When he talks about wide targets and penal misses, he’s referencing something that was highlighted over at Data Golf last week after the third major of the year. LACC did provide wide fairways that players hit at a rate consistent with the PGA Tour average (which many fans apparently believe is too often for a major), but the upshot here is that there is more value placed on actually hitting fairways than there is at golf courses where fairways are impossible to hit.
The scoring problem at LACC has little to do with its wide fairways and more so with the fact that technology has erased one of the primary defenses of most golf courses and forced the USGA to lean more heavily on fishing-line-thin decisions to take the firmness of the course to the edge of reasonableness. Though LACC and TPC River Highlands could not be more different in terms of architecture, the reality that technology has rendered them both a bit neutered is disheartening.
This is all getting pretty deep in the weeds, but in a year in which technology has been discussed with a vociferousness normally reserved for balancing the federal budget or appeasing tension within the United Nations, it is not unfair to ask whether tech in golf is lapping golf courses the Tour has been going to for several decades and the major championship organizations will want to go to in the future.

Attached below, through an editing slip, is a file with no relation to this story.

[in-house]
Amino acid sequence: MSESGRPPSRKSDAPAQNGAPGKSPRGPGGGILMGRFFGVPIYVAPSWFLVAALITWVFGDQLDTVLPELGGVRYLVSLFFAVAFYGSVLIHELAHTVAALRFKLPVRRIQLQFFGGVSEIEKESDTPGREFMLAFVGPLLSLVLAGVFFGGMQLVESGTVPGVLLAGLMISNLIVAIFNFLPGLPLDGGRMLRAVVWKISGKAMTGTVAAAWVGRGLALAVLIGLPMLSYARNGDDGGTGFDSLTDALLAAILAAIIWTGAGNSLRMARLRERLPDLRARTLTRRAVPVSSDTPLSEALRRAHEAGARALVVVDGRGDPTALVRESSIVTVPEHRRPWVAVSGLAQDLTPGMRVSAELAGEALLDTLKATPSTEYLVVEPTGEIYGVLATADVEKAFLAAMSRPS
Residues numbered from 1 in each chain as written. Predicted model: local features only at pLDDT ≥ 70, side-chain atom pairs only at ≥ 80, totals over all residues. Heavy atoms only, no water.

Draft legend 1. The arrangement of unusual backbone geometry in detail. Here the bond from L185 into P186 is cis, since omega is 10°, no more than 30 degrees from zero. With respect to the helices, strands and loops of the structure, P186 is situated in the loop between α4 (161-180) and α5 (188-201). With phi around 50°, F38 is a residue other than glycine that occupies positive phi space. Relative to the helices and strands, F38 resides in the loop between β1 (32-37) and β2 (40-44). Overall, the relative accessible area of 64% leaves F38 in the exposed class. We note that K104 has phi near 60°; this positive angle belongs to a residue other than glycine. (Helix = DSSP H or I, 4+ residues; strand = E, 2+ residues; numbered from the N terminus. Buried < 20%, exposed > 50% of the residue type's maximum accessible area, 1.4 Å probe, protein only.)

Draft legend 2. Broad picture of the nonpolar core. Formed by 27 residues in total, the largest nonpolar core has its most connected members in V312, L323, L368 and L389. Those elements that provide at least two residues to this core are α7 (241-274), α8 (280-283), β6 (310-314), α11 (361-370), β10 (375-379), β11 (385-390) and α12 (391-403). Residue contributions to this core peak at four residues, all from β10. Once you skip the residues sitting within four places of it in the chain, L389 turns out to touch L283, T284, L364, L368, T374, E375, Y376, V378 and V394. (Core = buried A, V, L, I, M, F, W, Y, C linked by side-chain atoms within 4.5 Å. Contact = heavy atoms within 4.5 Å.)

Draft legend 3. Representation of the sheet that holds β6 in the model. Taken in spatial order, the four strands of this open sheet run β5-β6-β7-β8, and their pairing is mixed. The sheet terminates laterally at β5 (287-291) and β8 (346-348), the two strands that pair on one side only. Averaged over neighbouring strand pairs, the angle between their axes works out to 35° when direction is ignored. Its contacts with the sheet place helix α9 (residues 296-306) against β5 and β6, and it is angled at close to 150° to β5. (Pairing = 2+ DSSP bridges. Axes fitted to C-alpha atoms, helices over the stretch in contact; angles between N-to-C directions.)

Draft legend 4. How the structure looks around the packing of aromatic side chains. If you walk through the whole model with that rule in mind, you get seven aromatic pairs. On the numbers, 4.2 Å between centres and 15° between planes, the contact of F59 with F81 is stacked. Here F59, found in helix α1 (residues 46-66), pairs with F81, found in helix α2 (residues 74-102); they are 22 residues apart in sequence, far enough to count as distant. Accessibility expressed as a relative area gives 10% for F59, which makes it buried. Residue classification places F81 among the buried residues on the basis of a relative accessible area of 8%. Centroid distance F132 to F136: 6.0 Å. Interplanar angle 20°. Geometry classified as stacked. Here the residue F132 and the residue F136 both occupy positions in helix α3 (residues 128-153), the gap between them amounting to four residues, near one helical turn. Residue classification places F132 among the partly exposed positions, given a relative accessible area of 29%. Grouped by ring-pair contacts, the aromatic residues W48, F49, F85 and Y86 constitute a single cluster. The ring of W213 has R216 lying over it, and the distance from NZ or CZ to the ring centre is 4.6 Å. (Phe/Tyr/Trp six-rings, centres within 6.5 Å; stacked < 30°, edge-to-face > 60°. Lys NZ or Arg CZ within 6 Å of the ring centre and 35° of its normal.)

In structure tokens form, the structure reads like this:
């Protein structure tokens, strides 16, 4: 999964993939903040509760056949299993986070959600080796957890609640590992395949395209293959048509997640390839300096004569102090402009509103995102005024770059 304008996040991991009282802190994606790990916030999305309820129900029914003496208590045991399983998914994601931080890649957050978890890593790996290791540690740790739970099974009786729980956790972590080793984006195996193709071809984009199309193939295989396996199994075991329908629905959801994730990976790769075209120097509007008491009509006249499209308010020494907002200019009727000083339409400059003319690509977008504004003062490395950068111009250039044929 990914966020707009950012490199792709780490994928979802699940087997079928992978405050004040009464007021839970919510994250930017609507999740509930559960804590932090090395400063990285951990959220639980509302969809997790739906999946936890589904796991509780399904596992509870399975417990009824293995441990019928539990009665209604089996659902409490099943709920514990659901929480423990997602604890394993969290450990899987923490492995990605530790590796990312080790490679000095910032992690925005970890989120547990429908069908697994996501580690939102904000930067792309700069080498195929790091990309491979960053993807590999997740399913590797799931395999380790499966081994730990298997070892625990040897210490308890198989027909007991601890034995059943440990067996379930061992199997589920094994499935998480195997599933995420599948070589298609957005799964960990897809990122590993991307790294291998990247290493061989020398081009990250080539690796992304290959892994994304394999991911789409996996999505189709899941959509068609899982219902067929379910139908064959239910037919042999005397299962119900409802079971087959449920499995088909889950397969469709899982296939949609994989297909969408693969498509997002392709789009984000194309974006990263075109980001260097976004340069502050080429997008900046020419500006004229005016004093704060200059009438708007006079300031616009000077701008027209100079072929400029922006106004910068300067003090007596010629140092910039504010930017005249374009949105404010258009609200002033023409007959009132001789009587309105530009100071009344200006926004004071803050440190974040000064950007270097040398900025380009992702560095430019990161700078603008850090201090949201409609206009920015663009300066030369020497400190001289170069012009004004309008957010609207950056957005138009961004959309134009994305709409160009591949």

Consider these two facts:
- Augusta National spent millions lengthening its famed par-5 13th hole in an attempt to maintain how the hole was intended to be played when it was created nearly 100 years ago.
- Of the 24 lowest 72-hole scores in PGA Tour history, 14 of them have happened since 2013.
If you can read those two sentences and still believe that technology is not a broad threat to men’s professional golf, then we must have different views of what we want men’s professional golf to be.
During the U.S. Open, my friend Kevin Van Valkenburg of No Laying Up posted a really insightful thread about how desiring a difficult U.S. Open and being anti-rollback are incongruent stances.
It should be noted here that rollback would likely — though not necessarily always — benefit the best flushers of the ball such as McIlroy, who has more explicitly advocated for the USGA and R&A proposal. What he’s supporting is probably good for the game, sure, but it is also good for himself. A short (non-exhaustive) point that makes this land: Do you think Rory wants courses constructed to require more sand and gap wedges or more 4 irons and 3 irons?
Regardless, as scores get lower and lower even as courses get longer and longer, we are reaching an inflection point in the game. The USGA and R&A know this, which is why the proposed the model local rule for 2026.
There are three options here, and probably only three.
- Throw all of this to the wind, don’t worry about scoring at all and, more importantly, don’t worry about how golf courses were meant to be played.
- Start going to different, longer courses that have not been passed by.
- Implement restrictions on equipment.
One of those is clearly most appealing to golf fans, and thankfully it lines up from an incentives standpoint with the one that is most appealing to the best players in the world as well.